The board of Lend Lease, including its chairman David Crawford and CEO Steve McCann, have taken a bold step: they are backing the federal government’s code of conduct in commercial building and turning their backs on the old cartel-style agreements with unions.
As a result, the building unions are launching vigorous personal attacks on Steve McCann but not on the CEOs of other big builders like Leighton and Multiplex.
When the royal commission into union abuses turns to the building unions next week it will soon find itself investigating the cartel-style agreements between unions and large builders that have boosted the cost of Australian commercial construction by lowering productivity.
My guess is that we will have a royal commission into the past conduct of Leighton, Multiplex, Lend Lease and other major builders as well as the long overdue inquiry into building union activities.
The old Lend Lease was an active participant in those cartel-style agreements, so much so that the Victorian government -- which was the first government to pass legislation to block cartel-style behaviour between big builders and unions -- stopped Lend Lease tendering for government work. The building unions went to the courts on behalf of their then partner, Lend Lease, to have the Victorian government ban on Lend Lease overturned. (The unions won the first round but lost on appeal.)
How things have changed. The building unions have now sent a circular to their members blasting Lend Lease CEO Steve McCann and Boral chief Mike Kane. McCann and Kane are described as “anti-worker bosses” and, along with Tony Abbott’s, their salaries are highlighted. Clearly the unions are furious that both Boral and Lend Lease are backing the code.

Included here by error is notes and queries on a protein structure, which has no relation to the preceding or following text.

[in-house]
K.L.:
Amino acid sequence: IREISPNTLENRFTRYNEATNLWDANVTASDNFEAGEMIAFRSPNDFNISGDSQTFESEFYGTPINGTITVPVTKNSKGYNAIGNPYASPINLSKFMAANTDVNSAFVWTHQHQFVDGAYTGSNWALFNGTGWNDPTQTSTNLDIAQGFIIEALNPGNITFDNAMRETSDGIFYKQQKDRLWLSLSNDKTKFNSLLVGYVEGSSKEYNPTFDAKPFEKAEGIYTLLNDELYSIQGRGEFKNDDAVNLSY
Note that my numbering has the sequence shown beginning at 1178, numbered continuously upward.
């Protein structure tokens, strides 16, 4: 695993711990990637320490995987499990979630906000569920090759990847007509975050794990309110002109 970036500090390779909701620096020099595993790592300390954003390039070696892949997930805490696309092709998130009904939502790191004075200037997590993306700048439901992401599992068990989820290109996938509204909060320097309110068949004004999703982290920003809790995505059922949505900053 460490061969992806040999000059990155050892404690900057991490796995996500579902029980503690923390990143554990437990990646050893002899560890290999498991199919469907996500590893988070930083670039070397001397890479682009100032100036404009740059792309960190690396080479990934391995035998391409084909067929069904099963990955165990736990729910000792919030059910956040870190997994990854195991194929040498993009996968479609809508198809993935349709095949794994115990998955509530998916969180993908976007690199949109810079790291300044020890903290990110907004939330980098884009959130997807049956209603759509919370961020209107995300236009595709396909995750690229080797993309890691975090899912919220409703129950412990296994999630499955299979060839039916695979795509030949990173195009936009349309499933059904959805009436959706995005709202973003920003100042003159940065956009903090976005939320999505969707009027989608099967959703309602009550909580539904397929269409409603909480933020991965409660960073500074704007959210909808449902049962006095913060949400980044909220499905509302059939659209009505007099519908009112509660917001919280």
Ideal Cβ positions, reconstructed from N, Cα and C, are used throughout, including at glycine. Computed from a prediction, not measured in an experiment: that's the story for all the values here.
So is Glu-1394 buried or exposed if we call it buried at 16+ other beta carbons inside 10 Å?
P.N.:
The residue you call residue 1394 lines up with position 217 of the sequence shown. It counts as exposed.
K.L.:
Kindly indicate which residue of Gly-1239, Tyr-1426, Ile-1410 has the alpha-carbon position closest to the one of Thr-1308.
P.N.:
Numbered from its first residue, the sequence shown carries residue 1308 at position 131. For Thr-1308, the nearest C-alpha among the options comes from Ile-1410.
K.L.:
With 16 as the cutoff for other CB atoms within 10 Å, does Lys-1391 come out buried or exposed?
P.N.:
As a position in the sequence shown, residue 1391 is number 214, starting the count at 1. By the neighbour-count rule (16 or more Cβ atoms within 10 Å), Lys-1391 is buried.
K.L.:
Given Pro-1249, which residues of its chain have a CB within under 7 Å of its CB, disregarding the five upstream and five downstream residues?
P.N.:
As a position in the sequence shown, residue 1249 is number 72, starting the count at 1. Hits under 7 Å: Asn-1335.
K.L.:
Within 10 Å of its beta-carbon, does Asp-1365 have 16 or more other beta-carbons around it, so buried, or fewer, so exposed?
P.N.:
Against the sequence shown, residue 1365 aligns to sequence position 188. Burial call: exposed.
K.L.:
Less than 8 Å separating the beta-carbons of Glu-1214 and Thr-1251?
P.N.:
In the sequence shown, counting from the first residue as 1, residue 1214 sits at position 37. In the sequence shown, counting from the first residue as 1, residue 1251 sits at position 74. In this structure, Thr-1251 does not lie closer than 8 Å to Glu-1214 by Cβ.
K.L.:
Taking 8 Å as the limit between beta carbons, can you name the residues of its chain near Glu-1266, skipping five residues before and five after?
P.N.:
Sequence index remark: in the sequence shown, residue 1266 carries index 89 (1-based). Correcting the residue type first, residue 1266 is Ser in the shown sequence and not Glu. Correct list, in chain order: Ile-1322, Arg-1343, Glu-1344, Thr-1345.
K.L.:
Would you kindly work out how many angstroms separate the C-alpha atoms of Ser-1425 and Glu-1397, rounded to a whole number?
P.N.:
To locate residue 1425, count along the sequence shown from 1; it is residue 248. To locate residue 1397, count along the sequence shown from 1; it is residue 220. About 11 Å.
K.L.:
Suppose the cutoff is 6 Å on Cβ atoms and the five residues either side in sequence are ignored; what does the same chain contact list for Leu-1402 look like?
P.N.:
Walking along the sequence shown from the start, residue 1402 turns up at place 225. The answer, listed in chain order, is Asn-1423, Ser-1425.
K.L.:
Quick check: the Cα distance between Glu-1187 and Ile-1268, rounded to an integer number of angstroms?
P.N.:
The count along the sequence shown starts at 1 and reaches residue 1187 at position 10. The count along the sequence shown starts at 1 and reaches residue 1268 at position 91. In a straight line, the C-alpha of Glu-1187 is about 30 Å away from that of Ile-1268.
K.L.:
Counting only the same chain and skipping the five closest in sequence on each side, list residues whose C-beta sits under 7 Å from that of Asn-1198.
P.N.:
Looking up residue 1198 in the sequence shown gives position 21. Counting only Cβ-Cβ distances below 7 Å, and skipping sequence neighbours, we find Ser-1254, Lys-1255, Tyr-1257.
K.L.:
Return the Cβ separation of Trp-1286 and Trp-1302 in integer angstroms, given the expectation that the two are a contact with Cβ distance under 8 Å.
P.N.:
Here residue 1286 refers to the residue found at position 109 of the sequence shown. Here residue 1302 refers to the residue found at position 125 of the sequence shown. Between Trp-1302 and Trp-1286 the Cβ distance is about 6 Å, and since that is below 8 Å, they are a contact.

Significantly, the unions are not attacking the chiefs of companies like Leighton and Multiplex. These companies are being much more cautious than Lend Lease in ending their cartel-style agreements with unions.
In WA the building unions offered to cut the mining boom-boosted payment levels but to leave in place all the cartel-style powers to decide who can be subcontractors. It is tempting to many major builders but if any builder signs agreements based on the union offer they will be banned from future federal government work because the agreements are blatantly outside the rules of the government code. Complicating matters is the fact that big groups like Leighton do not have sufficient on-the-ground management skills to manage outside a cartel-style agreement.
As the major builders skirmish for a position, subcontractors are also examining their strategy. Under the cartel-style agreements with big builders, unions controlled who was allowed to subcontract and also the rules of the subcontract. Now the federal government is proposing that any company involved in contracts that are fully or partly funded by the federal government must have labour agreements that limit the power of unions over subcontractors. In NSW and Queensland there have been extensive briefings from government officials and industry bodies to subcontractors as to how the new code will work.
However part of the problem is that the required legislation has not yet passed through parliament and will require support from the new Senators. The federal government believes it can end the cartel-style agreements without legislation but it is a lot simpler with legislation.
The result will be many more hospitals and buildings for the same money.